Turkic flags

Flags of Turkic people ("a: of, relating to, or constituting a family of Altaic languages including Turkish; b: of or relating to the people speaking Turkic languages" - Merriam Webster)

Saziye Cakiroglu, M.A. Linguistics

7/29/20231 min read

Image: Bilge Tonyukuk Institute

Turkic languages are defined in dictionary as 1) a family of closely related languages of southwest, central, and northern Asia and eastern Europe, including Turkish, Azerbaijani, Turkmen, Uzbek, Kirghiz, and Yakut. Abbreviations: Turk, Türk. Turkic as adjective is defined as "of or relating to Turkic or Turkic-speaking people".

The Turkic people are a collection of diverse ethnic groups of West, Central, East and North Asia as well as parts of Europe, who speak Turkic languages.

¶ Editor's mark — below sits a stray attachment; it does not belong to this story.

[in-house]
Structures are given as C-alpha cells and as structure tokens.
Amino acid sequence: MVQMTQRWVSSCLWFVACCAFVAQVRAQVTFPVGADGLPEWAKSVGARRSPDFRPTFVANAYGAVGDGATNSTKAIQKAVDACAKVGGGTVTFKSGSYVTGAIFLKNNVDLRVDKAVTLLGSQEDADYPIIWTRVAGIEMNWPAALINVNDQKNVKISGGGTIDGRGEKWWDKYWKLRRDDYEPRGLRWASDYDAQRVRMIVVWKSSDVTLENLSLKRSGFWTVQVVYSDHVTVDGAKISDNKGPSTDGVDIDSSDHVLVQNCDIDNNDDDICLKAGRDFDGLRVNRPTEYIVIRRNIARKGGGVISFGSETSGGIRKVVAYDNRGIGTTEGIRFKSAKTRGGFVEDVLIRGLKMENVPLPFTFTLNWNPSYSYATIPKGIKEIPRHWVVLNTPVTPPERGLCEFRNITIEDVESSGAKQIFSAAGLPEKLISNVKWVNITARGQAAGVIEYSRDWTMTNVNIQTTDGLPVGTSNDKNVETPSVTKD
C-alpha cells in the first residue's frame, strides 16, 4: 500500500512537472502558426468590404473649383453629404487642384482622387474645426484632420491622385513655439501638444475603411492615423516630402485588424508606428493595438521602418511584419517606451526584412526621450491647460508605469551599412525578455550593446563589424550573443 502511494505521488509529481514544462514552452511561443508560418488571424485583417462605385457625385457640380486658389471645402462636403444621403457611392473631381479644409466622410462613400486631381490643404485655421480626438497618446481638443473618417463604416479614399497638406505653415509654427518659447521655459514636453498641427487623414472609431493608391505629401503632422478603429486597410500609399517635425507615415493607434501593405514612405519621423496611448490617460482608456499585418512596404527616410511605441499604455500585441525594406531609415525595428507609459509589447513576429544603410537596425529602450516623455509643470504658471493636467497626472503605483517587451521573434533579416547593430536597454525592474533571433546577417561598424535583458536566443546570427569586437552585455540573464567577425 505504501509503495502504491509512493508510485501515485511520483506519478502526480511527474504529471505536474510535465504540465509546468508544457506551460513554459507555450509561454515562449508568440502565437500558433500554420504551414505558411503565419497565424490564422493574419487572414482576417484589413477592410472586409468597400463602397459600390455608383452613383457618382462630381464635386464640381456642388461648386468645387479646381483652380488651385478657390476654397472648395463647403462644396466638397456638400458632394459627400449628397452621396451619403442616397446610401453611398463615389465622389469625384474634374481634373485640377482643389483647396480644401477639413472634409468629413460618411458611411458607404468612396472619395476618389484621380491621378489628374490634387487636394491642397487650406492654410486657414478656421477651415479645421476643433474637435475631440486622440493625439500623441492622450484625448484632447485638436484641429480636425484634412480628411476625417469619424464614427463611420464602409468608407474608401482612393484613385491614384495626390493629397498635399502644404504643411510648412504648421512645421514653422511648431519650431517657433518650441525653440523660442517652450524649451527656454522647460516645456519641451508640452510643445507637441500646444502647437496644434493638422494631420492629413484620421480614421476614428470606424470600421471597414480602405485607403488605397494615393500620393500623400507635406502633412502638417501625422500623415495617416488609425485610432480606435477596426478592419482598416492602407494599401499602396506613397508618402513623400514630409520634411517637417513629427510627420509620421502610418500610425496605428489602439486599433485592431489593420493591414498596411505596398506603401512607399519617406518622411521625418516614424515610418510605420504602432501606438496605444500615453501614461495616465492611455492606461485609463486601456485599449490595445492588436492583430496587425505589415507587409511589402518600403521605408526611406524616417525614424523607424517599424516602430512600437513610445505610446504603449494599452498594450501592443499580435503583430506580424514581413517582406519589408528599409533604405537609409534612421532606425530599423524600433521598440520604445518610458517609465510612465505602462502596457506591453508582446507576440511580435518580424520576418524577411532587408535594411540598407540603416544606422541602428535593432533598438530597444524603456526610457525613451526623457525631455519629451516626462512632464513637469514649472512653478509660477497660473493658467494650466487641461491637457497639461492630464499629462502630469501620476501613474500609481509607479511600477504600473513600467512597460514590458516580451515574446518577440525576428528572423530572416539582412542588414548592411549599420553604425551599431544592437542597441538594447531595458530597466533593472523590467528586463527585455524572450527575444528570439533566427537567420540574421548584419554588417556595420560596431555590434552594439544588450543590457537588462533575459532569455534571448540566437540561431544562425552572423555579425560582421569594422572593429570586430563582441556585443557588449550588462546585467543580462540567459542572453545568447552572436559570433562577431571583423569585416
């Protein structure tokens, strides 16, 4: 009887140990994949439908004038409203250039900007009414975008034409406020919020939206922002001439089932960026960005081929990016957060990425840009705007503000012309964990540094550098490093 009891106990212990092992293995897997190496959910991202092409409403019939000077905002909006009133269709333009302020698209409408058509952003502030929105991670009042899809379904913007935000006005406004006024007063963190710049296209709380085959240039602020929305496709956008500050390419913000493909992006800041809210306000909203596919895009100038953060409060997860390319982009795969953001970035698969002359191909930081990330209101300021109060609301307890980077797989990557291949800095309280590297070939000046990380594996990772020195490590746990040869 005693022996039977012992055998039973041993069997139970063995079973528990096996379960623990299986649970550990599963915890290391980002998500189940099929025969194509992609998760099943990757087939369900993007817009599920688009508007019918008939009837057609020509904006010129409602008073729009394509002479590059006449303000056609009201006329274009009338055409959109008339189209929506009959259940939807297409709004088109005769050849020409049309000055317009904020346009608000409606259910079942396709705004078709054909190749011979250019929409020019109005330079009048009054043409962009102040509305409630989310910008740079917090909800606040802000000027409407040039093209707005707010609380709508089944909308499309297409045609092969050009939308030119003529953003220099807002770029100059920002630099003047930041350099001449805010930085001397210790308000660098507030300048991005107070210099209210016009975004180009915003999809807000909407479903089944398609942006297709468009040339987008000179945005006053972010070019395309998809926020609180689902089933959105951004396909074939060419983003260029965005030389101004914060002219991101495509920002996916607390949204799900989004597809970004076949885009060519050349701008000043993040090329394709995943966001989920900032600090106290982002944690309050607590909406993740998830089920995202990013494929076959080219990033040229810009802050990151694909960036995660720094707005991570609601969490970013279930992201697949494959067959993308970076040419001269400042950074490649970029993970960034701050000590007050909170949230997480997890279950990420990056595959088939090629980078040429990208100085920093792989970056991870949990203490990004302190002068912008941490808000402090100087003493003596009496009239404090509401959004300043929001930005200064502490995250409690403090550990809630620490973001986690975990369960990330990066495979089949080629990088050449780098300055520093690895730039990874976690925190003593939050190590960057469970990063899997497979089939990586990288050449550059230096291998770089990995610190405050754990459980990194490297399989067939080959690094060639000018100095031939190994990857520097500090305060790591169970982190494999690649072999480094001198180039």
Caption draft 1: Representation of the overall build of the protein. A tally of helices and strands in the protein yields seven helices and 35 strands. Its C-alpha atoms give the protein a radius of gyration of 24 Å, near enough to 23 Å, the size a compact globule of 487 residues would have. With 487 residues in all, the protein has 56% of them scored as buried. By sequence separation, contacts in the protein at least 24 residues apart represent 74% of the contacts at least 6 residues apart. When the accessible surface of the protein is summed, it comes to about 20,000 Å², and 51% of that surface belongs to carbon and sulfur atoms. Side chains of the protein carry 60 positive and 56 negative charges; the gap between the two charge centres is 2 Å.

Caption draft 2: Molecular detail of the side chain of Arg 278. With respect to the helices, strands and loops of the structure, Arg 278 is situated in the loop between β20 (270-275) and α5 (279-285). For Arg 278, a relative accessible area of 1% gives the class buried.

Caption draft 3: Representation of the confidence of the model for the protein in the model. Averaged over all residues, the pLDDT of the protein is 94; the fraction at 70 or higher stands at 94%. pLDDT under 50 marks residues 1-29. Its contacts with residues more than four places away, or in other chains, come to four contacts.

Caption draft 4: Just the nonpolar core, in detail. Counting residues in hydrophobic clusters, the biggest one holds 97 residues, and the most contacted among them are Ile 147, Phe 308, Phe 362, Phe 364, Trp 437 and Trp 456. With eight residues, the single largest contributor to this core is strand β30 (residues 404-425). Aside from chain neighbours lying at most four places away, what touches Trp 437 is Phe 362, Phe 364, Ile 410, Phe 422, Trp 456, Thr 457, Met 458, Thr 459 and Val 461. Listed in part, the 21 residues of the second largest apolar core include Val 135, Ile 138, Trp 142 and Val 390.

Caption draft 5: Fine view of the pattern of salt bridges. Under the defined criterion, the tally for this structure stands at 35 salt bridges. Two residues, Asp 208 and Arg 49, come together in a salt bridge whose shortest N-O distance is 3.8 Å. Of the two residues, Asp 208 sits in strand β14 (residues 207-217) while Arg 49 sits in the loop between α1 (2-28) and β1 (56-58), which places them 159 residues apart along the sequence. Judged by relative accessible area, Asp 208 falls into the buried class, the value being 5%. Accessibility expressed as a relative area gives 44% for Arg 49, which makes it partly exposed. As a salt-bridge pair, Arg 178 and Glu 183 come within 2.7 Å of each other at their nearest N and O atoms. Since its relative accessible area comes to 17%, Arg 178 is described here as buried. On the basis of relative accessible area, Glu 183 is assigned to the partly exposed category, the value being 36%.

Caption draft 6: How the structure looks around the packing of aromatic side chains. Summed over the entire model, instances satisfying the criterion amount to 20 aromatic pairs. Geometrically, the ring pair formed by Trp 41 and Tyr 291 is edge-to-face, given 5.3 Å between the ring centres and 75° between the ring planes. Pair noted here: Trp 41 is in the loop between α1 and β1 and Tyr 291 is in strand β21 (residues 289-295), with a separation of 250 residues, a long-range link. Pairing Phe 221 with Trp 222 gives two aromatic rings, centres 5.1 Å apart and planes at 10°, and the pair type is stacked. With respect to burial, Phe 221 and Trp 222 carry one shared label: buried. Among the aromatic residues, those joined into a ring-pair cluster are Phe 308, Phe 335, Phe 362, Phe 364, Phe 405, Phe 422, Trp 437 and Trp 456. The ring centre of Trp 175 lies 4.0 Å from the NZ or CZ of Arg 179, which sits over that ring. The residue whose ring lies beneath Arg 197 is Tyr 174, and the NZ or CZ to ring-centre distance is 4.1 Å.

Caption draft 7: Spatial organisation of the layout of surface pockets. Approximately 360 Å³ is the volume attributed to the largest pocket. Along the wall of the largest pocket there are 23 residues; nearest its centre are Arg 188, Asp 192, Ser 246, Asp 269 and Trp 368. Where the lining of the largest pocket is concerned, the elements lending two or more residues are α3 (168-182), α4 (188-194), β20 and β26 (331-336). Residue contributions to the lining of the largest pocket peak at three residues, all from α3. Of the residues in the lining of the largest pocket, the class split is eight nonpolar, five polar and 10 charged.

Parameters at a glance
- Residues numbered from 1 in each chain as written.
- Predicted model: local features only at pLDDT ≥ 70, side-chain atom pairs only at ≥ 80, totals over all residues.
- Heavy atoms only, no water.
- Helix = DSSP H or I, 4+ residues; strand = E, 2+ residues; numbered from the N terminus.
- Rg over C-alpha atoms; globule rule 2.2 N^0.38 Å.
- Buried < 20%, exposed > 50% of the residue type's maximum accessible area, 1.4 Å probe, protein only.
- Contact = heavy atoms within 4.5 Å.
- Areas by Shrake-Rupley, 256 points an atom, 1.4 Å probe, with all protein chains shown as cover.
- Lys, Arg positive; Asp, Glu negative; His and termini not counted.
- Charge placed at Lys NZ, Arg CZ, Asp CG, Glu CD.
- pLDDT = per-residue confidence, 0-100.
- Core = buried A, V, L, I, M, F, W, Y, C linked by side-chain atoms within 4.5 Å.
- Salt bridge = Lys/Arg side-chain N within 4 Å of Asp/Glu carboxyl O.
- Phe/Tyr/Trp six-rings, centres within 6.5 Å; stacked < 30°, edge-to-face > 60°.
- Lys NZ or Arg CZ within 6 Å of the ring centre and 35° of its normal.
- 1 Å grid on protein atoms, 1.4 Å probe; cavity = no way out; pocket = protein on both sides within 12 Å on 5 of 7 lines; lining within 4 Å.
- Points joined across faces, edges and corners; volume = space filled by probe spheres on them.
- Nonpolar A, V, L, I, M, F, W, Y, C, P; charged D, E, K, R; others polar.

According to historians and linguists, the Proto-Turkic language originated in Central-East Asia, potentially in Altai-Sayan region, Mongolia or Tuva. Initially, Proto-Turkic speakers were potentially both hunter-gatherers and farmers, but later became nomadic pastoralists. Early and medieval Turkic groups exhibited a wide range of both East Asian and West-Eurasian physical appearances and genetic origins, in part through long-term contact with neighboring people such as Iranian, Mongolic, Tocharian, Uralic and Yeniseian people, and others.

Many vastly differing ethnic groups have throughout history become part of the Turkic people through language shift, acculturation, conquest, intermixing, adoption and religious conversion. Nevertheless, Turkic people share, to varying degrees, non-linguistic characteristics like cultural traits, ancestry from a common gene pool, and historical experiences. Some of the most notable modern Turkic ethnic groups include the Altai people, Azerbaijanis, Chuvash people, Gagauz people, Kazakhs, Kyrgyz people, Turkmens, Turkish people, Tuvans, Uyghurs, Uzbeks, and Yakuts. (Source: Wikipedia)